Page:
Achemy and Gnosticism[edit]

Early alchemical ouroboros illustration with the words ἓν τὸ πᾶν ("The All is One") from the work of Cleopatra the Alchemist (c. third century, Egypt).
The famous ouroboros drawing from the early alchemical text The Chrysopoeia of Cleopatra (Ἡ χρυσοποιία τῆς Κλεοπάτρας) probably dating to third century Alexandria encloses the words hen to pan (ἓν τὸ πᾶν), "the all is one". Its black and white halves represent the Gnostic duality of existence, leading some to see it as an analog of the Taoist yin and yang symbol. The chrysopoeiaouroboros of Cleopatra the Alchemist is one of the oldest images of the ouroboros to be linked with the legendary opus of the alchemists, the philosopher's stone.
As a symbol of the eternal unity of all things, the cycle of birth and death from which the alchemist sought release and liberation, it was familiar to the alchemist and physician Sir Thomas Browne. In his A Letter to a Friend, a medical treatise full of case-histories and witty speculations upon the human condition, he wrote of it:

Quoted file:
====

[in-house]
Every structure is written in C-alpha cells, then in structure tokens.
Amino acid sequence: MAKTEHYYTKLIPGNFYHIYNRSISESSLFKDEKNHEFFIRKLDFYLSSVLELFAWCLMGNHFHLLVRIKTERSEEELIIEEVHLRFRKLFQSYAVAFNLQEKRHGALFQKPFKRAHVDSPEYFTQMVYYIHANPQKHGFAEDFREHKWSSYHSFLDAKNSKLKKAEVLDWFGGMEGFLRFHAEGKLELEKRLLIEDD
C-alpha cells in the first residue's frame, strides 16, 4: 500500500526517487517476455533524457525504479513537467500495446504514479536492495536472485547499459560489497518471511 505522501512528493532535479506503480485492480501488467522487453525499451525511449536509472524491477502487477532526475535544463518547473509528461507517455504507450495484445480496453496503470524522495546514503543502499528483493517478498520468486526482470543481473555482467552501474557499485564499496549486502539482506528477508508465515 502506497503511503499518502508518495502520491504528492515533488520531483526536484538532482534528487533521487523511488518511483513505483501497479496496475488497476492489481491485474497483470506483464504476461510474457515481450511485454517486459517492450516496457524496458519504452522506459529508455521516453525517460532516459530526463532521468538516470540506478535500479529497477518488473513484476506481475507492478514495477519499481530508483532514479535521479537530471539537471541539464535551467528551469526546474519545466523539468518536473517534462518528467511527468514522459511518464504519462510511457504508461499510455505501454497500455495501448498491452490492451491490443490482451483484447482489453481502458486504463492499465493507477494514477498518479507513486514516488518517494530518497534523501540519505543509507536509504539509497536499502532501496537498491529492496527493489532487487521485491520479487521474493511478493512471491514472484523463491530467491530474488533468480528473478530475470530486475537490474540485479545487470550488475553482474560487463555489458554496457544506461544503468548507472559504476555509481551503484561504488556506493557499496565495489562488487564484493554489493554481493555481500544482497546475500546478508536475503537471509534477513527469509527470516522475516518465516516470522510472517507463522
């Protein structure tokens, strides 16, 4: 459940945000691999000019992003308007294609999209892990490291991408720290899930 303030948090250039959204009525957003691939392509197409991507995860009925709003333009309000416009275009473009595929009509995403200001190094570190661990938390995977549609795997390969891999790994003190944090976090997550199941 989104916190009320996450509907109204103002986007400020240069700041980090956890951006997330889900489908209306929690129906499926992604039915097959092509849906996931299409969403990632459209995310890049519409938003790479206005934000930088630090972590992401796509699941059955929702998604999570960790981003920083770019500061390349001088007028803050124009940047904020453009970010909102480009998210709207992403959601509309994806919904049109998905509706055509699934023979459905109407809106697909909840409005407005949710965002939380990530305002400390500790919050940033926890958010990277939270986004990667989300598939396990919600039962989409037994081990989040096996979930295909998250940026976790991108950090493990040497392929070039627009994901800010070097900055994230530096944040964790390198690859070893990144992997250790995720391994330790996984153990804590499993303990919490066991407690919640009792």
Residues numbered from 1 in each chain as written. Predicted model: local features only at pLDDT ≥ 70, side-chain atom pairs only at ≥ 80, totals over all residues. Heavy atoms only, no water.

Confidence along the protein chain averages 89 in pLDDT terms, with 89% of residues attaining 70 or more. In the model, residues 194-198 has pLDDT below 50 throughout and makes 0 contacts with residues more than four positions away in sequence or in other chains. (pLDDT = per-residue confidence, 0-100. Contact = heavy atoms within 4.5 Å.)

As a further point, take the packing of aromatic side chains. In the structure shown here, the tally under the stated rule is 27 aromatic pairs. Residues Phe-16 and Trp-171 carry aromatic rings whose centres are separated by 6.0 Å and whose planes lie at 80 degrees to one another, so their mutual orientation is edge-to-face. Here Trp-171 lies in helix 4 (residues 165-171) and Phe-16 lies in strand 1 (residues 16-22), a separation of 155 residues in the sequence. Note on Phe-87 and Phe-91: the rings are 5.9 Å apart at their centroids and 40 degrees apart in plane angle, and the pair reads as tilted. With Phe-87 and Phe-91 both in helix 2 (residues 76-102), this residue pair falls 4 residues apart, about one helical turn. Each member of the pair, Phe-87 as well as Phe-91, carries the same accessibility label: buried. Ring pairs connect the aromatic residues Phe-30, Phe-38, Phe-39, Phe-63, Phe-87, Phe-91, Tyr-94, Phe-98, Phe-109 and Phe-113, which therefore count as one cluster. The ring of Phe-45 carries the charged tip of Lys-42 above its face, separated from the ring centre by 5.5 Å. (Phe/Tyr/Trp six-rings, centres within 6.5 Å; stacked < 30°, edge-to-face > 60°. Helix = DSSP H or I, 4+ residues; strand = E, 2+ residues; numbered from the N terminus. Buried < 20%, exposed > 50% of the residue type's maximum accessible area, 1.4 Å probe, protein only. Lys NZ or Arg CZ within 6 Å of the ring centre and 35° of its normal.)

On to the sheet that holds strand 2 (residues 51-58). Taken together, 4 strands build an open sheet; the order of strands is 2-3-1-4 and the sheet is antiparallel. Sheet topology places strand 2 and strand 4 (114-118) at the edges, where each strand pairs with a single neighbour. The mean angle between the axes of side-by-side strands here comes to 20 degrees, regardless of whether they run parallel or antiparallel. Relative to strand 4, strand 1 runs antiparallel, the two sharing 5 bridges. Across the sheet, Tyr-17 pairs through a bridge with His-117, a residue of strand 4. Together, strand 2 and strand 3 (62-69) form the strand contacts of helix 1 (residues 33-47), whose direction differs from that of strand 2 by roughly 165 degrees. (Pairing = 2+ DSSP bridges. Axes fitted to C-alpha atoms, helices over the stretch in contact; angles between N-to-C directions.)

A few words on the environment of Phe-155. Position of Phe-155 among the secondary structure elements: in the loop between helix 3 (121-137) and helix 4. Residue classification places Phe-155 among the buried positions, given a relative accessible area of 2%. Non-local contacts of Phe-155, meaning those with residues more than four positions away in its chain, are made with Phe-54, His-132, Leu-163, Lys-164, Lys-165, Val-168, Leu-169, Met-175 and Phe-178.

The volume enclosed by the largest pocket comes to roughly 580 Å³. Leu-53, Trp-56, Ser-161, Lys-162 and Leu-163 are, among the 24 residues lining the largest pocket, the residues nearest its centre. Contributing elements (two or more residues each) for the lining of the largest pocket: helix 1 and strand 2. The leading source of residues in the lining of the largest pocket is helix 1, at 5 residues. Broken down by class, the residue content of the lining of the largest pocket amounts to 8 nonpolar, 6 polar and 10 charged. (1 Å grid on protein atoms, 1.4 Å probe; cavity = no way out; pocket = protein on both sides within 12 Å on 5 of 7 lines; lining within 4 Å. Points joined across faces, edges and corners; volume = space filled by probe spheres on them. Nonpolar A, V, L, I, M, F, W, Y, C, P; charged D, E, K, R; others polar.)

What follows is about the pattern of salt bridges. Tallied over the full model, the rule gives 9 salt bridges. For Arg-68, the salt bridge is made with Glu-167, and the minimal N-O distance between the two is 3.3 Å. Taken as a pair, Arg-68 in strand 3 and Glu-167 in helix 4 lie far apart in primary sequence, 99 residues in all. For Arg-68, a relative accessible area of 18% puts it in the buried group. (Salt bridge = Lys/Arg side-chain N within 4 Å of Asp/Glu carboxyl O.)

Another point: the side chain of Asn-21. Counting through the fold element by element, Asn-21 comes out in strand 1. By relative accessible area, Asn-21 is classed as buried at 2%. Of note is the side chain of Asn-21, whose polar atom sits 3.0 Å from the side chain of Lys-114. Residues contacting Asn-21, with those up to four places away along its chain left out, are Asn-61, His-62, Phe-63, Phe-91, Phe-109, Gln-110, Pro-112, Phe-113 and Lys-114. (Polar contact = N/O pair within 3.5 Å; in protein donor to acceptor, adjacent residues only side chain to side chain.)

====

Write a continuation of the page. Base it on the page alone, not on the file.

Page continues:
... that the first day should make the last, that the Tail of the Snake should return into its Mouth precisely at that time, and they should wind up upon the day of their Nativity, is indeed a remarkable Coincidence, ...
In Gnosticism, a serpent biting its tail symbolized eternity and the soul of the world. The Gnostic Pistis Sophia (c. 400 AD) describes the ouroboros as a twelve-part dragon surrounding the world with his tail in his mouth.[12]